the baseboard. The railing in the last third of the photo partially obscures the other side of the door and acts as a blockade, preventing viewers from further entering the front porch and signifying once again they should not enter the house. While this does not necessarily invite viewers to further explore the photos, I believe I subconsciously framed the photo this way because I wasnâ€™t sure if I wanted to share this part of my life. Not only was I blocking the viewer from entering, but I was also protecting my family and myself from further scrutiny. However, the order of the photos is designed to lead the viewer deeper into the house. The first five shots following the front door document the main floor, where my family spends the most time, before leading up the stairs to my parentsâ€™ and sisterâ€™s bedrooms. Even though the house is large, so much space is obscured and lost, which causes each of us to feel trapped within our own home. The rooms on the second floor are not quite as claustrophobic and oppressive, but the sense of disquiet and apprehension remains because the photos are taken from the doorways rather than fully entering the rooms. Once outside, the viewer is confronted with the broken pieces of our childhood playground and the rusted garden gate, leading the viewer out and away from the last of our ruins.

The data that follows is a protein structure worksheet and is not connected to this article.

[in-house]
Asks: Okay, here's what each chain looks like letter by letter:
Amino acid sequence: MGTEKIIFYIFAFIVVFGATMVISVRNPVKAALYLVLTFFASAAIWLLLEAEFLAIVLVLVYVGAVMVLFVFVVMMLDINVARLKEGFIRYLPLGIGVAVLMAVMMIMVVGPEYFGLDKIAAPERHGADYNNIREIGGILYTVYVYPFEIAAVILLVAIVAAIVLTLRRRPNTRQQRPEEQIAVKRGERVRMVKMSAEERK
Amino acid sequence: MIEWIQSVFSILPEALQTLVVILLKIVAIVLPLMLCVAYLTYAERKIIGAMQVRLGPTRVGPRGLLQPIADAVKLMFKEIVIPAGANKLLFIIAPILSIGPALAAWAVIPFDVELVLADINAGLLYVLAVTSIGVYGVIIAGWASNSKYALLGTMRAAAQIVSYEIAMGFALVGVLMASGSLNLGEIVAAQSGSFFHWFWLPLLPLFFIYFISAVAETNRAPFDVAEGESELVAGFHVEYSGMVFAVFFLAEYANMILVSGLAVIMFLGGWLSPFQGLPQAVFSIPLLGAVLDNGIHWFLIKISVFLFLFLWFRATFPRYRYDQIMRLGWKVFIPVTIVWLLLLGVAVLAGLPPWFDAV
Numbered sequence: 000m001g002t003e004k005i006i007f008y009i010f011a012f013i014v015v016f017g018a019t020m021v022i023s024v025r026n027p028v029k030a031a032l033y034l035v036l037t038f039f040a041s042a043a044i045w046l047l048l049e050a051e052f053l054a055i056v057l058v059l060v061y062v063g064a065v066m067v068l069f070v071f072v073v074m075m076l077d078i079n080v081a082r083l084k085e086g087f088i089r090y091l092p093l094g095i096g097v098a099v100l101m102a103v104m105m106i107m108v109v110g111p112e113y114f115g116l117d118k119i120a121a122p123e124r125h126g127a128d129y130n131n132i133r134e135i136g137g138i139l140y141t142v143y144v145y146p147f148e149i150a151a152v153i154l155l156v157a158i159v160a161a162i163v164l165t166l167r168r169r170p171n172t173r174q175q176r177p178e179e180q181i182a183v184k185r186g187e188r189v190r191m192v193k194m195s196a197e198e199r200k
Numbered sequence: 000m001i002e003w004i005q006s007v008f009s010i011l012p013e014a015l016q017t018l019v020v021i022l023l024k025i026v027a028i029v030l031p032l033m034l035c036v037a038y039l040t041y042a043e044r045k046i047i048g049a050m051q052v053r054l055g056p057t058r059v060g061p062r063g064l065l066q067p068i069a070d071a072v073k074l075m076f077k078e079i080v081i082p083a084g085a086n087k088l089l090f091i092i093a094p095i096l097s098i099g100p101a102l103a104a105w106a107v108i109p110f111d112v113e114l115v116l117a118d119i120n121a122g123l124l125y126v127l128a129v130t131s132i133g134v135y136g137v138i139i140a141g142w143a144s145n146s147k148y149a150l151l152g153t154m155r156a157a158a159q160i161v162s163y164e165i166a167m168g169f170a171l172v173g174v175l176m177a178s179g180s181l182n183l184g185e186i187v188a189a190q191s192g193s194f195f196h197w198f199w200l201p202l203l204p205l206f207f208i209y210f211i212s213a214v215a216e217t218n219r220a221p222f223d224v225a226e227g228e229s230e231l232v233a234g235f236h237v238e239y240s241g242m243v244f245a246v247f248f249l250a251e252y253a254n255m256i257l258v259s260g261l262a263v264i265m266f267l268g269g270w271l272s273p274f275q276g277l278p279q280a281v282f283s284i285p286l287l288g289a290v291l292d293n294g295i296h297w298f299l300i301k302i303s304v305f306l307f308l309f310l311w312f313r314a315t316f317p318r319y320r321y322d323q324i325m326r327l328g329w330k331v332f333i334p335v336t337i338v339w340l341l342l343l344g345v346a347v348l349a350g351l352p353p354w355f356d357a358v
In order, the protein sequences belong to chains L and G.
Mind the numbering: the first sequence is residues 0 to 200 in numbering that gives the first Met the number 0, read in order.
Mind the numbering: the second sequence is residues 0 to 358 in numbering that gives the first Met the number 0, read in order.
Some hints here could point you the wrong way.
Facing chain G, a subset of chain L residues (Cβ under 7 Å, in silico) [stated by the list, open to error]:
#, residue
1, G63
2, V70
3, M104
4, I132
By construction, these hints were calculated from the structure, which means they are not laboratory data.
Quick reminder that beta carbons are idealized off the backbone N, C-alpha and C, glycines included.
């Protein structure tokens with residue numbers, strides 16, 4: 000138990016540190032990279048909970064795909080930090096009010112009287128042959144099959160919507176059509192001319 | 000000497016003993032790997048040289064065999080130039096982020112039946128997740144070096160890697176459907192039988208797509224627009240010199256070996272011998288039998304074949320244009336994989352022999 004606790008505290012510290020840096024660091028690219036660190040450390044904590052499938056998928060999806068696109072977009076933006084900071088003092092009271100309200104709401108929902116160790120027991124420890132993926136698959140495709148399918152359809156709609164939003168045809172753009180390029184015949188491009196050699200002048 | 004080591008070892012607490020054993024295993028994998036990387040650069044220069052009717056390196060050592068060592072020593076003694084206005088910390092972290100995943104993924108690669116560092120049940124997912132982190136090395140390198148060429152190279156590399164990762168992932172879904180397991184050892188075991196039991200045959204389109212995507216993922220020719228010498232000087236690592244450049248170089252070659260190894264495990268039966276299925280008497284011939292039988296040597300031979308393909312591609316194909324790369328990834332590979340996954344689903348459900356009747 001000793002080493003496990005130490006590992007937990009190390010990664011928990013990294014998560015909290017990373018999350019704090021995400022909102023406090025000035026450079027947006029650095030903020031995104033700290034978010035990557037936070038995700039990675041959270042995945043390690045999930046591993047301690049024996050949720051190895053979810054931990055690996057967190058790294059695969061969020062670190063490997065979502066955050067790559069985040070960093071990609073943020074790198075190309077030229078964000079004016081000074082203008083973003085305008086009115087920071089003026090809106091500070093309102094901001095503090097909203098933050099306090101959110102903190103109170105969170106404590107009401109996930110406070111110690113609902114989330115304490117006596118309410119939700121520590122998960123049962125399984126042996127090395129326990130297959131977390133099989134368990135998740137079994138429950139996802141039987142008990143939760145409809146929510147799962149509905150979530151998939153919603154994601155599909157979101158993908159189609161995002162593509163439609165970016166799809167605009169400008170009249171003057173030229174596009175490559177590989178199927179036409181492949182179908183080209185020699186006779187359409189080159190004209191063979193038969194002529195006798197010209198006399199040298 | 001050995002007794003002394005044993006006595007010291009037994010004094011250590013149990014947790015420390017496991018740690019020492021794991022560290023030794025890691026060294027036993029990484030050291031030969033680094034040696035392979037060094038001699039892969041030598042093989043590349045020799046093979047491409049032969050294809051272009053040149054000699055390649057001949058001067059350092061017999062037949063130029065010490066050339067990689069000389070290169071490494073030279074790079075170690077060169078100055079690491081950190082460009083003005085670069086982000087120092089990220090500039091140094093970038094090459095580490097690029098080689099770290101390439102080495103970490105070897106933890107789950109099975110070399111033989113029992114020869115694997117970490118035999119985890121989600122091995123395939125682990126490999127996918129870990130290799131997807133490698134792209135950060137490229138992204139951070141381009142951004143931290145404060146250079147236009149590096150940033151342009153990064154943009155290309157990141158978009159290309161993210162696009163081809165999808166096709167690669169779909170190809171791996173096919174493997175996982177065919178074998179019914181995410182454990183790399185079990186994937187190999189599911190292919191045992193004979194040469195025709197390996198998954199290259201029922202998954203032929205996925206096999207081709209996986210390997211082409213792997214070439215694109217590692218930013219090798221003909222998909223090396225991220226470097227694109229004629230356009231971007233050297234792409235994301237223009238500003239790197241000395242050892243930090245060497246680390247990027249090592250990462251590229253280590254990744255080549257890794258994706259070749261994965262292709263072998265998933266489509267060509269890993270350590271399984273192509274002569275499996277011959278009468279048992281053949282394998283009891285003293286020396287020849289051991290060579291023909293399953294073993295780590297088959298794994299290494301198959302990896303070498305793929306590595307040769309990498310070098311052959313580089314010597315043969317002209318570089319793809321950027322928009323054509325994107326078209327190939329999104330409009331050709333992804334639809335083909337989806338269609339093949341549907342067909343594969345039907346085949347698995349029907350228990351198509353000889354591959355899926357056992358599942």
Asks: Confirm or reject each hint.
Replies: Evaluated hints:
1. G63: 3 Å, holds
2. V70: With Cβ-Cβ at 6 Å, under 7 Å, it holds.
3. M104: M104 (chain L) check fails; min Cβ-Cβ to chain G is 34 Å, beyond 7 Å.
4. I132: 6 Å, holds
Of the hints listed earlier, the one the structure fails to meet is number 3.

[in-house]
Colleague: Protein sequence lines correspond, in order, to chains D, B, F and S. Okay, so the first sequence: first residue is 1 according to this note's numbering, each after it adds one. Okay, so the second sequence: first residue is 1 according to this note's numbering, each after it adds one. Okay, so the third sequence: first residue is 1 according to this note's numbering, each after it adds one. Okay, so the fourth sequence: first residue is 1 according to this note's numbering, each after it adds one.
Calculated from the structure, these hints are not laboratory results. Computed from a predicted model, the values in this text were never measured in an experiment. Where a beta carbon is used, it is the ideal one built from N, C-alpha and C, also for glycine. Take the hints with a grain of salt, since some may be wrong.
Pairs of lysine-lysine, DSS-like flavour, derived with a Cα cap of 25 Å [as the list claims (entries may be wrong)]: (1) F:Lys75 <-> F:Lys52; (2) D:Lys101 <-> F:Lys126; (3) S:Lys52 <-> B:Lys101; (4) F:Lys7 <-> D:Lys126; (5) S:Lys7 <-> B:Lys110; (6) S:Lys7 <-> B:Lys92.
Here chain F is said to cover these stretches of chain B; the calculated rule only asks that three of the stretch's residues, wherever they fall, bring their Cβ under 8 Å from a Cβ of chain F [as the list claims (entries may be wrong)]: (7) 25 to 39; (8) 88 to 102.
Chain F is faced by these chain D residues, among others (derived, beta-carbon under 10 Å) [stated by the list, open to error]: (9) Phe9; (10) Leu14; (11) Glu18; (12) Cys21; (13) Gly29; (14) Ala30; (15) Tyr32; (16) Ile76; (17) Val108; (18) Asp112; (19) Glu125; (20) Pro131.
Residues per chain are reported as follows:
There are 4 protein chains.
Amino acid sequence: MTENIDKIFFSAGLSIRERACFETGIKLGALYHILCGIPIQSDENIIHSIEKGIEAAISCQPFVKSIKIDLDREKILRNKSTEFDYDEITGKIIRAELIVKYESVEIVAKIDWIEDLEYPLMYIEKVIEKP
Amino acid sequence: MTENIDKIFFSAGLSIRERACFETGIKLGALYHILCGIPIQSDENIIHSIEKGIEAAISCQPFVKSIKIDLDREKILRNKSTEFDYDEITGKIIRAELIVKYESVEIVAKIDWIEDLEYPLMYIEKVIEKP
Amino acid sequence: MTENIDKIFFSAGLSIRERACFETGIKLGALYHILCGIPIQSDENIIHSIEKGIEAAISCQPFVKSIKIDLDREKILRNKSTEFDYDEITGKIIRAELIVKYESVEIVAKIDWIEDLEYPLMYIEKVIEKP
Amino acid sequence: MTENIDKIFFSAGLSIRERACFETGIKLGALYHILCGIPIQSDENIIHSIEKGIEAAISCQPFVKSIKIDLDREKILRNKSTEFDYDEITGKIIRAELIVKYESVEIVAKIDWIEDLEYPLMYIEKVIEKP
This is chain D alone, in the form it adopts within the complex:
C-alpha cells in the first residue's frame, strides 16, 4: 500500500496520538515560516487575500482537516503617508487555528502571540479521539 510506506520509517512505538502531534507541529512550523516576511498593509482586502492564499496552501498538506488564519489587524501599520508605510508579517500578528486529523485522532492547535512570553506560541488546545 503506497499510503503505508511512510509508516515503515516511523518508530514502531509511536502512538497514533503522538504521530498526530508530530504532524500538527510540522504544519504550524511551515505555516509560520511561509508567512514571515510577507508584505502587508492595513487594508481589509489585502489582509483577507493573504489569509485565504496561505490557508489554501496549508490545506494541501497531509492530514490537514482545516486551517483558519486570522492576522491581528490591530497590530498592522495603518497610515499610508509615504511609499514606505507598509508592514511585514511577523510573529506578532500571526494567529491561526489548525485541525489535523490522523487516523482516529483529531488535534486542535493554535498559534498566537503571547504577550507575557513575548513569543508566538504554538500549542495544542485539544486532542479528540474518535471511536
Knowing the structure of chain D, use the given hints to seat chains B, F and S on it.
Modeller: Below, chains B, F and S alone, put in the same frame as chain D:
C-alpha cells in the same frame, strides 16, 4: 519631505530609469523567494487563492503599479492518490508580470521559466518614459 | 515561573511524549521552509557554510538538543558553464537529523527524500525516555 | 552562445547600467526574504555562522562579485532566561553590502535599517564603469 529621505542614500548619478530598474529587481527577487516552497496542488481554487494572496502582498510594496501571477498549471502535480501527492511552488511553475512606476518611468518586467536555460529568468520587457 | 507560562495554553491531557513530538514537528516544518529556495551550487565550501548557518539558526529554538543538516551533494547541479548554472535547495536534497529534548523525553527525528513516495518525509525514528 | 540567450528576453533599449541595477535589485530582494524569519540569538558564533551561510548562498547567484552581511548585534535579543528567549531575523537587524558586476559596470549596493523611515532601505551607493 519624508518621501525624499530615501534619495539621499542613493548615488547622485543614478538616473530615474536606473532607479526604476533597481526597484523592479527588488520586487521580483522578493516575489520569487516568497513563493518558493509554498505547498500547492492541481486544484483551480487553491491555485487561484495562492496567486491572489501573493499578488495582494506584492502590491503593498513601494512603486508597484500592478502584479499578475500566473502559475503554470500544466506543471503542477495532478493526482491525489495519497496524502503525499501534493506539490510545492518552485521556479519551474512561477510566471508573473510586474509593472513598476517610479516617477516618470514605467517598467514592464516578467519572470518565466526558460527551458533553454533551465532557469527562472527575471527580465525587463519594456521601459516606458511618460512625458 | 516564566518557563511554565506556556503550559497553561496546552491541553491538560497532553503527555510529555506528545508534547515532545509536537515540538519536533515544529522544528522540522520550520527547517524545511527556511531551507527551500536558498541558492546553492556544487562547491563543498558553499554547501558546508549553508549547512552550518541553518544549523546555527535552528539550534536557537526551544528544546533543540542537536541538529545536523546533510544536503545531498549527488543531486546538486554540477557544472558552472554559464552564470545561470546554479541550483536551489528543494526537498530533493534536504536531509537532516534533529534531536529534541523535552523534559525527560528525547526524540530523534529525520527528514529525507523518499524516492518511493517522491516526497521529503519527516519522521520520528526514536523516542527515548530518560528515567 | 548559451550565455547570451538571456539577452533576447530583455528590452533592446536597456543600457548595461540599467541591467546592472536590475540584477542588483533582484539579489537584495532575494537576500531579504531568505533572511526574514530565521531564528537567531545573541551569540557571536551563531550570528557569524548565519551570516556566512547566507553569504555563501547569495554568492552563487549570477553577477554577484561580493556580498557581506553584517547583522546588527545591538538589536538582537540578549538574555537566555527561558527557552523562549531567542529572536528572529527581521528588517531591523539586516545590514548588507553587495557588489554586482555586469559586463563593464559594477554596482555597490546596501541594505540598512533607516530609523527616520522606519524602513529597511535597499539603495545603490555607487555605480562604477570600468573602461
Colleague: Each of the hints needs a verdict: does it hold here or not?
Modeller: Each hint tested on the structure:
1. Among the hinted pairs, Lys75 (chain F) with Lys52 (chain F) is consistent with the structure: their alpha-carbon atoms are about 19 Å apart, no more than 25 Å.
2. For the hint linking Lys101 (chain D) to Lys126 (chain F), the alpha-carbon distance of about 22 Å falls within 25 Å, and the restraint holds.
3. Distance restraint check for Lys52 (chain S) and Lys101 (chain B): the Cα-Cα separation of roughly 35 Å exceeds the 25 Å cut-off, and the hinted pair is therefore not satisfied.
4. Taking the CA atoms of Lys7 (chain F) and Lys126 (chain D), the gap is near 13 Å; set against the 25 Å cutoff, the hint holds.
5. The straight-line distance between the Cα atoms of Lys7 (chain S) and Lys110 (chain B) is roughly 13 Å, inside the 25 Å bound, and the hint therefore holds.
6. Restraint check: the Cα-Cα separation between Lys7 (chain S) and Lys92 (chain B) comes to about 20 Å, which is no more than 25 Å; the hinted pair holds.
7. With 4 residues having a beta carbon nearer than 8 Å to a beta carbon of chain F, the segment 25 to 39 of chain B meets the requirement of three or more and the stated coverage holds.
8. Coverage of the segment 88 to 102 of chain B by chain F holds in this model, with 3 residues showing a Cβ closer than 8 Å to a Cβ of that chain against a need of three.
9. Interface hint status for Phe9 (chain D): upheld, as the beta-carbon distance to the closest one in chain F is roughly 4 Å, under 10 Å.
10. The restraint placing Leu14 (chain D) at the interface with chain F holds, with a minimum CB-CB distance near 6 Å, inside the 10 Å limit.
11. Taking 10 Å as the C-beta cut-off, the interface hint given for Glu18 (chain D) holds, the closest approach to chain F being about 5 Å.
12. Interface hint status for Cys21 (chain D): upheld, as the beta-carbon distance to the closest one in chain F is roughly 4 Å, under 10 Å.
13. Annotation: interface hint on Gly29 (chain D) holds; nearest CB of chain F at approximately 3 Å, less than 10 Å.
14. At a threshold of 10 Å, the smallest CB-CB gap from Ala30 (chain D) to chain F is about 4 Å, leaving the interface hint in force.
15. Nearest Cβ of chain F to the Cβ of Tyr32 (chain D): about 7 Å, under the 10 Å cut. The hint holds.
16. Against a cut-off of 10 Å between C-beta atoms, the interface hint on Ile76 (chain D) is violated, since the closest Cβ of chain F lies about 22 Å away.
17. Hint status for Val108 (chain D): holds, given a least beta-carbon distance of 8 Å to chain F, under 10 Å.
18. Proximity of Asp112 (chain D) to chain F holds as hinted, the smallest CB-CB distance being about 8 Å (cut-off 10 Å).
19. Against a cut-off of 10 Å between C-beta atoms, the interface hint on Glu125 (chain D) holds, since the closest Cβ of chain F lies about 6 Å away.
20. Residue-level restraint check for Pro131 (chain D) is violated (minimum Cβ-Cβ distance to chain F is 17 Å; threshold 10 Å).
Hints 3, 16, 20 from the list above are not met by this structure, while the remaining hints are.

Works Cited Kuhn, A. (1991, 2003). Remembrance. In A. Wells (Ed.), The photography reader (pp. 395 â€“ 401). New York, NY: Routledge. Marchand, Y. & Mefre, R. (n.d.). The Ruins of Detroit. Retrieved from http://www.marchandmeffre.com/index.html Sontag, S. (1973, October 18). Photography. The New York review of books. Retrieved from http://www.nybooks.com/articles/archives/1973/oct/18/photography/?pagination=false&printpage=true